Does God Open Doors?

If you’ve been in church for a while you will have probably heard someone talk about God opening a door for them, or maybe even closing a door. This is not some allusion to gentlemanlike behaviour on the part of God, but rather a belief, held in some Christian circles, about how God reveals His will to us.

I was recently asked for perspective on an old article, Myth: God opens and closes doors, from a blog I hadn’t previously come across. Here is my response.

Are Open and Closed Doors in the Bible?

The basic gist of the article was: Christians should stop saying God has opened or closed doors for them, because it’s not in the Bible, opens the door to fatalism, and leads to lazy faith.

Well, he got two out of three right! However, in the Bible we do see the language of God opening doors: “… for a wide door for effective work has opened to me, and there are many adversaries.” 1 Corinthians 16:9 (see also Colossians 4:32 Corinthians 2:12Revelation 3:7). This is the language of Paul, and in Revelation, of Christ. However, we don’t find Paul saying God closed doors. He rather says, “having been forbidden by the Holy Spirit…”, which indicates how he knew the open door was God. Paul did not believe God opened the door just because he found a door and that door was open. Relationship with God, through the Holy Spirit, is the key.

Choice and Obedience

“Behold, to obey is better than sacrifice, and to listen than the fat of rams.” 1 Samuel 15:22b

It is more common for God to give a command to do or not do a certain thing than to force or prevent us by removing choice and therefore an opportunity for obedience. The Ten Commandments are a list of thing we can do, that we either should or shouldn’t do. For example, adultery is something we can do but shouldn’t. To worship only God is something we can do and should.

But, while it is not typical of God to restrain us physically, there are incidents even of this in scripture. One example in the story of Jonah. Did God close the door to Tarshish? It would be fair to say God physically restrained Jonah. In the case of Balaam (Numbers 22), God stood an angel between Balaam and his intended destination, just as he placed an angel to prevent Adam returning to Eden (Genesis 3:24).

So, in scripture we see, 1) God opening doors, 2) God warning against stepping through certain doors, and 3) in some rare cases, God closing doors tight shut. We cannot trust a door just because it is open. Adultery can present as an open door. A wallet left lying on a table, to a thief, is an open door. We cannot afford to walk through every open door. We need to be listening to God and know where He is leading us.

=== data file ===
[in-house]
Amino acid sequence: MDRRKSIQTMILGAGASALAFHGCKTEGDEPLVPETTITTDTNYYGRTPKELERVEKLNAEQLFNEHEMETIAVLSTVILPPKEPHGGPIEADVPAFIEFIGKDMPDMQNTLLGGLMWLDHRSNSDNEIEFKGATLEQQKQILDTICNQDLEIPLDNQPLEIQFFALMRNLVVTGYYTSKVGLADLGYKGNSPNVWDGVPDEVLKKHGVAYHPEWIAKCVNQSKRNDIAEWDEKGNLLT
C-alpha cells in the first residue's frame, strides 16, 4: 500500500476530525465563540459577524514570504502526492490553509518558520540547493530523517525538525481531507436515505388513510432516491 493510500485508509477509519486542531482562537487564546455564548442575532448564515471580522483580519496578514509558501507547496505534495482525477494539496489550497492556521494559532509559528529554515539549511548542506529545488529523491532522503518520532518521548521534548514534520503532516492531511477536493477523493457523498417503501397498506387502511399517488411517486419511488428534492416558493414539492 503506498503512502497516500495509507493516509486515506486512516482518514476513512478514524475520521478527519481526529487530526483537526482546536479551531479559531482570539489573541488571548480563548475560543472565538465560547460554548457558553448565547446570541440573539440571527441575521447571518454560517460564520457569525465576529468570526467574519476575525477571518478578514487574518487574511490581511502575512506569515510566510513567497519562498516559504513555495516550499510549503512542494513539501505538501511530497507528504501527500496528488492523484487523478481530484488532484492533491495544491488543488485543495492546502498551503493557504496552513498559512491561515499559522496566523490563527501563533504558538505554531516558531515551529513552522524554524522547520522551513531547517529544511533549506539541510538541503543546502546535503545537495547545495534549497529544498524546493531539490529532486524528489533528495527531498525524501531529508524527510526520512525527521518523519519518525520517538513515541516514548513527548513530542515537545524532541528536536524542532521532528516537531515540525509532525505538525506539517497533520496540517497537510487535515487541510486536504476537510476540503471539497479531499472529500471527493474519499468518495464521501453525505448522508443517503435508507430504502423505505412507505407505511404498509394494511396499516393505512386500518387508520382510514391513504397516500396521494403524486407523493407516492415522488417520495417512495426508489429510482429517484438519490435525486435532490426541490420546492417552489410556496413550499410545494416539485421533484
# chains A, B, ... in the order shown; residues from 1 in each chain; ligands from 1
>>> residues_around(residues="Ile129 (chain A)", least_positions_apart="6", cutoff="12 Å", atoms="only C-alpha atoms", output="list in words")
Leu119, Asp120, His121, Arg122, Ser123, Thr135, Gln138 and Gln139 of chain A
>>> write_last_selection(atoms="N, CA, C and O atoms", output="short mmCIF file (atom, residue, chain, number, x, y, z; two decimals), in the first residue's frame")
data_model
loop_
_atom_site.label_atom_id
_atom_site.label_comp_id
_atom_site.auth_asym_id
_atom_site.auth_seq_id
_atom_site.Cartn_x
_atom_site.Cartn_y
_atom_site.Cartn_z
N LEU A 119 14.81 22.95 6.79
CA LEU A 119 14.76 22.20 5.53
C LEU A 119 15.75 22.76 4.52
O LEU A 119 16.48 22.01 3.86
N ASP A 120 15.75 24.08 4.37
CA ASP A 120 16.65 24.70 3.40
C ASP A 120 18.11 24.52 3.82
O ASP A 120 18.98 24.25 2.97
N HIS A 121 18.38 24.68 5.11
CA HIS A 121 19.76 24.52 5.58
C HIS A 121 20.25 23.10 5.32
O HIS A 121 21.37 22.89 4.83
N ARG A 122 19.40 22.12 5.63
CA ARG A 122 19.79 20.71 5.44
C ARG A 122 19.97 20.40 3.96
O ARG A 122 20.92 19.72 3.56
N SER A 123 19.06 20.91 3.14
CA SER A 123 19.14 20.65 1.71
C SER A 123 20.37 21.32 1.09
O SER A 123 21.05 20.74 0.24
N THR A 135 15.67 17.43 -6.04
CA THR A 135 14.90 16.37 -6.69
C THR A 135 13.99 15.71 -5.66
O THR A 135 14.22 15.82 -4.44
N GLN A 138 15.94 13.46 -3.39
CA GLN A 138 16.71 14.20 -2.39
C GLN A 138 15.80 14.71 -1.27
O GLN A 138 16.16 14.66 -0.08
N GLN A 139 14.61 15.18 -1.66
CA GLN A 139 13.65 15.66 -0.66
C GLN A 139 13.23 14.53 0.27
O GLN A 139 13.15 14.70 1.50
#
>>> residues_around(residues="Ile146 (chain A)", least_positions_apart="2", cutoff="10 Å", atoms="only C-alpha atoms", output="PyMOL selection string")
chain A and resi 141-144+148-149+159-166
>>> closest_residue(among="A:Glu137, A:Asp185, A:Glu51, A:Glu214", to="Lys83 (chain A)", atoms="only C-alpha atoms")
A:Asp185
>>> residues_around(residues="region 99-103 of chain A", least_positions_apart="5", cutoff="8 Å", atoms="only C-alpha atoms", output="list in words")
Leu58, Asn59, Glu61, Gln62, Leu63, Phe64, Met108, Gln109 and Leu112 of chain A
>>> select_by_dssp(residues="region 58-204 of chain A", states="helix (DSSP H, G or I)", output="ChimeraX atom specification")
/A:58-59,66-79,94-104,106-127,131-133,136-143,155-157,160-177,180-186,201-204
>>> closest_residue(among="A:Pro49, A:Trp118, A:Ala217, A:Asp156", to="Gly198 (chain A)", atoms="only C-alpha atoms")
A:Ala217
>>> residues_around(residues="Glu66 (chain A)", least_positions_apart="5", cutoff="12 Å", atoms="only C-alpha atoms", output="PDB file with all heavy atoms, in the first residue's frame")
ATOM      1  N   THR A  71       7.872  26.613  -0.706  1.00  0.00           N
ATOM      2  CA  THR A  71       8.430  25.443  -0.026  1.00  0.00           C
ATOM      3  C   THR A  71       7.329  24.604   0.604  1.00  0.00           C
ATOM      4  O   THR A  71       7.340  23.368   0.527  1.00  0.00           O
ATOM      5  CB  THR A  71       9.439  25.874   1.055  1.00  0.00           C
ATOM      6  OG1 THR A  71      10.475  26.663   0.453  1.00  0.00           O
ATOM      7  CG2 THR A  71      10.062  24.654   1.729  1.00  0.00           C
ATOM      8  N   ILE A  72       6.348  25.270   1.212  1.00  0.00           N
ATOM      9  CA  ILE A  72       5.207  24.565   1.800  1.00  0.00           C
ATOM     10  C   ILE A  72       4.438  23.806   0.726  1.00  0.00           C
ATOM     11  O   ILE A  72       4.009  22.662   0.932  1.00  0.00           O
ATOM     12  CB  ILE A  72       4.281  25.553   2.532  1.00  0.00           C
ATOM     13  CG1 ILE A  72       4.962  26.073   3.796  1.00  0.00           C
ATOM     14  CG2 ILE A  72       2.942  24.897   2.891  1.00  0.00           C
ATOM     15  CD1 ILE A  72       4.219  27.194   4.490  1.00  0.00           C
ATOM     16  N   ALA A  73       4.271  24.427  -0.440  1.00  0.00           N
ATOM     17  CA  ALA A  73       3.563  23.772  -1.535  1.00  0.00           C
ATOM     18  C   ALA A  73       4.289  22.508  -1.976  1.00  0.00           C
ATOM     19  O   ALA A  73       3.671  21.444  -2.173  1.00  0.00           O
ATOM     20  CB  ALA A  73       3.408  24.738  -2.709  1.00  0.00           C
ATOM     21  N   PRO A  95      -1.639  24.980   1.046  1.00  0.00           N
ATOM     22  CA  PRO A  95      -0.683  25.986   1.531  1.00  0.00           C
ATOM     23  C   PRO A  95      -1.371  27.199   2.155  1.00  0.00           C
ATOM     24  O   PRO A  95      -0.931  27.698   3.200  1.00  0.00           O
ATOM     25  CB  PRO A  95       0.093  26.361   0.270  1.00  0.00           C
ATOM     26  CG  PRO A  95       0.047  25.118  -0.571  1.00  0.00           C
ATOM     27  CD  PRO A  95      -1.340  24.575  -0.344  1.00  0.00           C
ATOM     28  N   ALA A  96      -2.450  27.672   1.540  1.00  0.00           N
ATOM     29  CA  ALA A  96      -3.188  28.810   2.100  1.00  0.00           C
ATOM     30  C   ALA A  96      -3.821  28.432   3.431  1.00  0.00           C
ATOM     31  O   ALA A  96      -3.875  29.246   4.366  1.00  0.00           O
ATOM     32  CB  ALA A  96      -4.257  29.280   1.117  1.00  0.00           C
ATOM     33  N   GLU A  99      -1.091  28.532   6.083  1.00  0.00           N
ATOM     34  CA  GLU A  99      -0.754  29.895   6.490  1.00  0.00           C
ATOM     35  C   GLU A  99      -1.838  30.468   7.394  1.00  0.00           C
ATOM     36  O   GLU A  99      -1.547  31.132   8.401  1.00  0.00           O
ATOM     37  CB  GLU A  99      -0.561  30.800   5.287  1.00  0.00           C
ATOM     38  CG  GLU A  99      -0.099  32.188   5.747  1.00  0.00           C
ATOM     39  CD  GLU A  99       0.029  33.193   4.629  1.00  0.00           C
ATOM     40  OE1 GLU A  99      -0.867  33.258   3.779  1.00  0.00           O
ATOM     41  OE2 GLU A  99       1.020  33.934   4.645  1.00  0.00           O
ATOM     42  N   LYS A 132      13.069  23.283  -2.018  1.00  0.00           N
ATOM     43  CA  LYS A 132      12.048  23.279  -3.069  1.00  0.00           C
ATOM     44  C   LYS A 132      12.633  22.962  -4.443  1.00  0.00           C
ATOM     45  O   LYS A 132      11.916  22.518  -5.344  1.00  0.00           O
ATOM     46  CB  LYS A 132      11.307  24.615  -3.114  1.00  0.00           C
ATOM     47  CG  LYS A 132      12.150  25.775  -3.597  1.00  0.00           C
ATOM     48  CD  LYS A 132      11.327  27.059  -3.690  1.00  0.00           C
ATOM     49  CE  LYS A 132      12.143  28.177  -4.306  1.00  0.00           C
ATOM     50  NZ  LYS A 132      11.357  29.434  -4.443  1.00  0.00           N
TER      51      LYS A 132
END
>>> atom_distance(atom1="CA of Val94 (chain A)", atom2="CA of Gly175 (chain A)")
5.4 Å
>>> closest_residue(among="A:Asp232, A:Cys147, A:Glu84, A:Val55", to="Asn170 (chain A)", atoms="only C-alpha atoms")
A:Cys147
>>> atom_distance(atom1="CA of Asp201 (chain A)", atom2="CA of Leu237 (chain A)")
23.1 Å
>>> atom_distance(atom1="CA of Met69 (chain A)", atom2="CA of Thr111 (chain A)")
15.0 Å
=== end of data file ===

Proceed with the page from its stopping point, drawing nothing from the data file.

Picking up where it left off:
I think this is what the article meant when it makes its point about fatalism. The author says, “I believe this little phrase, God opens and closes doors, has lead [sic] to people falsely blaming God for missed opportunities.” I agree.

Circumstance does not dictate the will of God for your life. For Jonah, a massive storm at sea meant the end of his journey. For Paul, it was just another obstacle to overcome. For Balaam, an angel in his path, meant turn around, go back. For Jacob, it just meant an all night wrestling match. For one saint a job offer is an open door from God, for another saint, it is a test from God or temptation sent from Satan. Only by hearing God will you know the difference.

Knowing God’s Will

The real problem for many Christians, is they live by formulas, not by hearing God. Spiritual principles that effectively amount to, “If A, then do C, but if AB, do D”. The men of faith in scripture did not live by these kinds of formulas. They spoke to God and He spoke back. We need to get back to a place where our choices are based on our relationship with God, not an ‘open’ or ‘closed’ door.

Paul did not believe God opened the door because he found a door and it was open. Paul knew God opened it because he had a relationship with God and the Holy Spirit was guiding him. The door he found was where he expected to find it, and going through it was consistent with what he understood to be the will of God for his life. If God is speaking and we are listening, we can live in sync with him, and like Paul, know which of the open doors we find are the doors He has opened.


 

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